We are lucky to return to Anandi this week as our guest blogger — remember her awesome post ” Your dream schedule in a tech company – it CAN be done! Four steps to find the schedule you want!.” I have to admit that my first reaction to this blog was less than enthusiastic. The beauty of owning the blog is adding my own editorial and even changing the title (which I did – Anandi title kicks off the blog article).
On a bit lighter note, over the holidays, my family launched a new website in remembrance of my Mom, Chef Char Zyskowski – it’s 1200 of her best recipes and I can tell you they are all soooo good. The site is all about enjoying food and friends. Take a minute to check it out www.AppleCharlotteCooking.com. Next rev will include menus she created as well as another big bunch of recipes…
However, its a conversation that is at the root of this blog even being in existence – a special blog just for women in tech. I guess the point is, women in tech do not have the leadership or decision making positions at the same rate as most other white collar industries. You can point to the “math problem” (girls not encouraged to do math) and the “pipe” problem (not enough women with technical degrees) – but it’s hard to not to admit that there is something inherit in the corporate software industry that discourages women from staying in software as well as a culture that doesn’t promote them at the same rate as their male counterparts if they do stay. So I say – YES! We should be doing something different so that women will stay. For example, building community for women in technical companies enables them to connect to conquer the isolation that drives them away is good. Identifying sponsor and mentorship programs that teach our male leaders to be aware of stereotyping is powerful and connects women with coaching – it’s is all good. The examples Anandi gives seem more like recruiting tools that are more superficial “rewards” offered to women who participate – as in any scare resource. I heard from the interns at MS this year that they got a private concert with Dave Mathews – wow – and that’s both men and women. What’s that saying? Scarcity breeds “over-the-top?” We can’t pick on MS for this though – every company, college, business, government in the world relies on this premise. So, your read it, and let me know what you think! use the comments!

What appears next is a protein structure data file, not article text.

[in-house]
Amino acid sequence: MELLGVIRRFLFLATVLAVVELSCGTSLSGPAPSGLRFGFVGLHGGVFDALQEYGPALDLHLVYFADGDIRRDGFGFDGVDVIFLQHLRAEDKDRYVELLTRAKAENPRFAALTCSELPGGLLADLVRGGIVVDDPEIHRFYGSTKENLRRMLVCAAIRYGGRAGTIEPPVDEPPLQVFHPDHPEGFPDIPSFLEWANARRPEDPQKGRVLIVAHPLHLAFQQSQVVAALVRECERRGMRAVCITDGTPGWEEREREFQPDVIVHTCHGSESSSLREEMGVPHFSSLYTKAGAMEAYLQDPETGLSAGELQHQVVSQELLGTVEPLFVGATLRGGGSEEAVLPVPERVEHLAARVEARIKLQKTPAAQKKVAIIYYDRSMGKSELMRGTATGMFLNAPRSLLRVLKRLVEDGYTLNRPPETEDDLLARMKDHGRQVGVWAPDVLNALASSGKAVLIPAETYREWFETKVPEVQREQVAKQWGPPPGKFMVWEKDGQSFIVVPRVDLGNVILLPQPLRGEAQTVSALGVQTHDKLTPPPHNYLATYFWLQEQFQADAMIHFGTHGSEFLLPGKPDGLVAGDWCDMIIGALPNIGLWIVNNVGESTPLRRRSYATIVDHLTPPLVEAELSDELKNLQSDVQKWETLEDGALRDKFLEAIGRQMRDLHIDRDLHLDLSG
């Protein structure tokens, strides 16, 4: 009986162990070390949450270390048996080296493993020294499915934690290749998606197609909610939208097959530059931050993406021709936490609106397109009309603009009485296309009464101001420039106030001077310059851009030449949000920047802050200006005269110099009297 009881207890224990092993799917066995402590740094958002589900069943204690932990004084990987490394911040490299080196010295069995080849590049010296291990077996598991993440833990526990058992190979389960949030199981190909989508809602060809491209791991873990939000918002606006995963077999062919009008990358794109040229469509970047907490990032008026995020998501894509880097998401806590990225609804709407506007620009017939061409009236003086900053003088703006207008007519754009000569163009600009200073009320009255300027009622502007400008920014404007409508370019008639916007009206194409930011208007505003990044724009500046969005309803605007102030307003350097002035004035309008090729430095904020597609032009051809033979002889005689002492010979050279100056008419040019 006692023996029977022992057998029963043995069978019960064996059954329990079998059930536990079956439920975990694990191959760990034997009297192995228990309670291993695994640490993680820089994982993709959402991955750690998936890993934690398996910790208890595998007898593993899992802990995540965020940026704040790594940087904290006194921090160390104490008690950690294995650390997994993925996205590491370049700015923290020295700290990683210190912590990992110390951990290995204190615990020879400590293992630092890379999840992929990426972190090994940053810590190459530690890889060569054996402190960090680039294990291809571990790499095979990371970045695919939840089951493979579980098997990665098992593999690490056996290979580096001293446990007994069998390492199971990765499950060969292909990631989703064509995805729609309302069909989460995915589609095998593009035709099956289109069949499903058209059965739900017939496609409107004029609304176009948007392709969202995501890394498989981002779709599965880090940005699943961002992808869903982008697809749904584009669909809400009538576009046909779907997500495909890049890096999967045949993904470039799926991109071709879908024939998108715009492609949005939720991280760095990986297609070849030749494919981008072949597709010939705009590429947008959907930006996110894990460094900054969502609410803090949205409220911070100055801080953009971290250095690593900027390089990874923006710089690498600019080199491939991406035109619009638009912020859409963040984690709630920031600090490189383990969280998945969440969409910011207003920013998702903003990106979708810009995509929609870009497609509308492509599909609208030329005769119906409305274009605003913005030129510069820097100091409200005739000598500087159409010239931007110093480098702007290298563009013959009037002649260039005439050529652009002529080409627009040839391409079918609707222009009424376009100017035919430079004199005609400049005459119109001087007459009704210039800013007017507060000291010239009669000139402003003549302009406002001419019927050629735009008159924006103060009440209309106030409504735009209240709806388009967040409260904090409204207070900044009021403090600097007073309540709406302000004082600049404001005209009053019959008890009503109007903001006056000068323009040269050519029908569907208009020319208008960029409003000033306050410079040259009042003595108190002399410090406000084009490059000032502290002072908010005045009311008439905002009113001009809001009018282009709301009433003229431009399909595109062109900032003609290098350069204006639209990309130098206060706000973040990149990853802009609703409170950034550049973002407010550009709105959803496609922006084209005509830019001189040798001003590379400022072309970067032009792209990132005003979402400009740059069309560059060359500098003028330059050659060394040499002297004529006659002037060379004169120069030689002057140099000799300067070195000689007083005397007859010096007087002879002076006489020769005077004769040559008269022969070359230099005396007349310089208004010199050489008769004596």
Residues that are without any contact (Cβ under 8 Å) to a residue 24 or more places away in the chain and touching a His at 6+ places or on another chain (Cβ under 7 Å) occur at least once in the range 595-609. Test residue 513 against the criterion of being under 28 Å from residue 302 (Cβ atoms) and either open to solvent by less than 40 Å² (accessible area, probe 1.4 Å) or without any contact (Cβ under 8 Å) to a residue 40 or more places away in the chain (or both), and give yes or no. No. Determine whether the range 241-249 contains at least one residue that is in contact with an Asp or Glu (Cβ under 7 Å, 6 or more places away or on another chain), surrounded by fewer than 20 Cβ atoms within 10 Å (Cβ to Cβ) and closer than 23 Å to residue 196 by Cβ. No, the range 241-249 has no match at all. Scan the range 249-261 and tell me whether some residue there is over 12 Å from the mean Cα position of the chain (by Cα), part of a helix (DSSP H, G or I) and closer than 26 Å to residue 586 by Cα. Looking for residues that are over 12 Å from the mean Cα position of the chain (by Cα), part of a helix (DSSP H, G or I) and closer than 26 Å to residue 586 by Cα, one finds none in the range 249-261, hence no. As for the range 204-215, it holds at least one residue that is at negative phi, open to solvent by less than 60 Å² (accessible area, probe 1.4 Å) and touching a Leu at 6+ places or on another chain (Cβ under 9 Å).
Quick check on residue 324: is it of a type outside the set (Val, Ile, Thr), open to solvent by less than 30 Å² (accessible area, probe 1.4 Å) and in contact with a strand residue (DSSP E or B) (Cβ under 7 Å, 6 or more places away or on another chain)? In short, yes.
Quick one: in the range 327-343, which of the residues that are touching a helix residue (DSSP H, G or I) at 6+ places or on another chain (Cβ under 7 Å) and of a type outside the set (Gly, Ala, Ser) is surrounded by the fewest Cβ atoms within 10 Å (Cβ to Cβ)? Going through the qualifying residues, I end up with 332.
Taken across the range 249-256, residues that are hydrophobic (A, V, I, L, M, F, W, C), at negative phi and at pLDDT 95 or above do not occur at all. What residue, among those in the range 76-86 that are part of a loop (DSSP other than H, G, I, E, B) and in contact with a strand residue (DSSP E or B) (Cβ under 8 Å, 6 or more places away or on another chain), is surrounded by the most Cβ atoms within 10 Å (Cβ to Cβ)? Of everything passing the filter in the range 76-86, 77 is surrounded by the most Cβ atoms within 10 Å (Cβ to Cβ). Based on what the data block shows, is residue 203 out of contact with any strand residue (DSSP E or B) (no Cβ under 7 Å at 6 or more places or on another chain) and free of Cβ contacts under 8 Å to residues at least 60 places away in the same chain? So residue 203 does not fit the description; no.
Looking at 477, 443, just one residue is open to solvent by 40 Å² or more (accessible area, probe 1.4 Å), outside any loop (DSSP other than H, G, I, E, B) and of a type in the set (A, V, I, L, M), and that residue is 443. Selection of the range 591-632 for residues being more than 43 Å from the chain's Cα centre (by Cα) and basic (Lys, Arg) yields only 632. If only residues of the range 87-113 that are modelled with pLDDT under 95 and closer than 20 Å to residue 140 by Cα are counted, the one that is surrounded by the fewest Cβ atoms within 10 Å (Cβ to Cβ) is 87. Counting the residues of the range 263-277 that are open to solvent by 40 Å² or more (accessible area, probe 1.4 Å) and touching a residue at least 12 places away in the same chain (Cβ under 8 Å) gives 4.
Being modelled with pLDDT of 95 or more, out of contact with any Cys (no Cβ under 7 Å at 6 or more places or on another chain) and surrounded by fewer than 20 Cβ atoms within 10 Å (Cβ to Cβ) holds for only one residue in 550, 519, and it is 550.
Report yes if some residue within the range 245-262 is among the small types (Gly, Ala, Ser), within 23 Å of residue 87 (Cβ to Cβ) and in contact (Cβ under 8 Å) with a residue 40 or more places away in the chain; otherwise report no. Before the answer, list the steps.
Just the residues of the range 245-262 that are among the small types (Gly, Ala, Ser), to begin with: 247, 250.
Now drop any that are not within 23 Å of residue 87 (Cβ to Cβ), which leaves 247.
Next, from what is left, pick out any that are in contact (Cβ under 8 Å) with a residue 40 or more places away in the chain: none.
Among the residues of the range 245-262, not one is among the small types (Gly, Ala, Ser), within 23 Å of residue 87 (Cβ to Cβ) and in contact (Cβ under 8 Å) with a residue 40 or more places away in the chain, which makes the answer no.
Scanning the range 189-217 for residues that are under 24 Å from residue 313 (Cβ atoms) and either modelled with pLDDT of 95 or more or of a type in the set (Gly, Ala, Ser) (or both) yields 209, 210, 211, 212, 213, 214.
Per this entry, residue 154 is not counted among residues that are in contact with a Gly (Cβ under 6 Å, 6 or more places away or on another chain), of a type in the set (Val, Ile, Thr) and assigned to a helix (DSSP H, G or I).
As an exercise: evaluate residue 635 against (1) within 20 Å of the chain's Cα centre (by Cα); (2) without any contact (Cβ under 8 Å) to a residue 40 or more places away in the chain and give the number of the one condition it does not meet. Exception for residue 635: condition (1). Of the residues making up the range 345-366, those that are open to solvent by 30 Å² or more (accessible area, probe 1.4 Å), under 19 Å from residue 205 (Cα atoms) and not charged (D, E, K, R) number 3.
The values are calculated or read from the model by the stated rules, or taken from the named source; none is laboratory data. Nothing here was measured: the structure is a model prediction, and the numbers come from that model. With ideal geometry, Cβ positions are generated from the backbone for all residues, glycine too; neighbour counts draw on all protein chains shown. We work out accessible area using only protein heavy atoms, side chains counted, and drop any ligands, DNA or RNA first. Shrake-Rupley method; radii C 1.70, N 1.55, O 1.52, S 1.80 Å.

Betsy Speare, Principal Program Manager Lead, Microsoft Windows Server, Happy Family member, new Green Lake, Seattle Resident, 15 years at Microsoft, EWU CIS grad and chicken farmer (down 1 chicken due to racoon)!
To follow the Women in Technology Blog – go to https://womentech.wordpress.com/feed/
Empowering or Separate But Equal or Unfair Advantage?
I originally posted this on my personal blog, House of Peanut, and have revised it based on some of the insight I got from the discussion with friends and coworkers that resulted. I know “good blog posts” are supposed to have a strong opinion, but I am conflicted on the topic, so I’m putting this out there as a collection of viewpoints and would love to hear *your* thoughts on the topic.
When I was accepted at Caltech in 1991 (yikes, that was a long time ago), the offer of admission came with an extra surprise. Not only was I invited to attend Prefrosh Weekend, which was a way for prospective students to figure out if the school was a good fit, but Caltech would PAY FOR ME to attend, simply because I was female.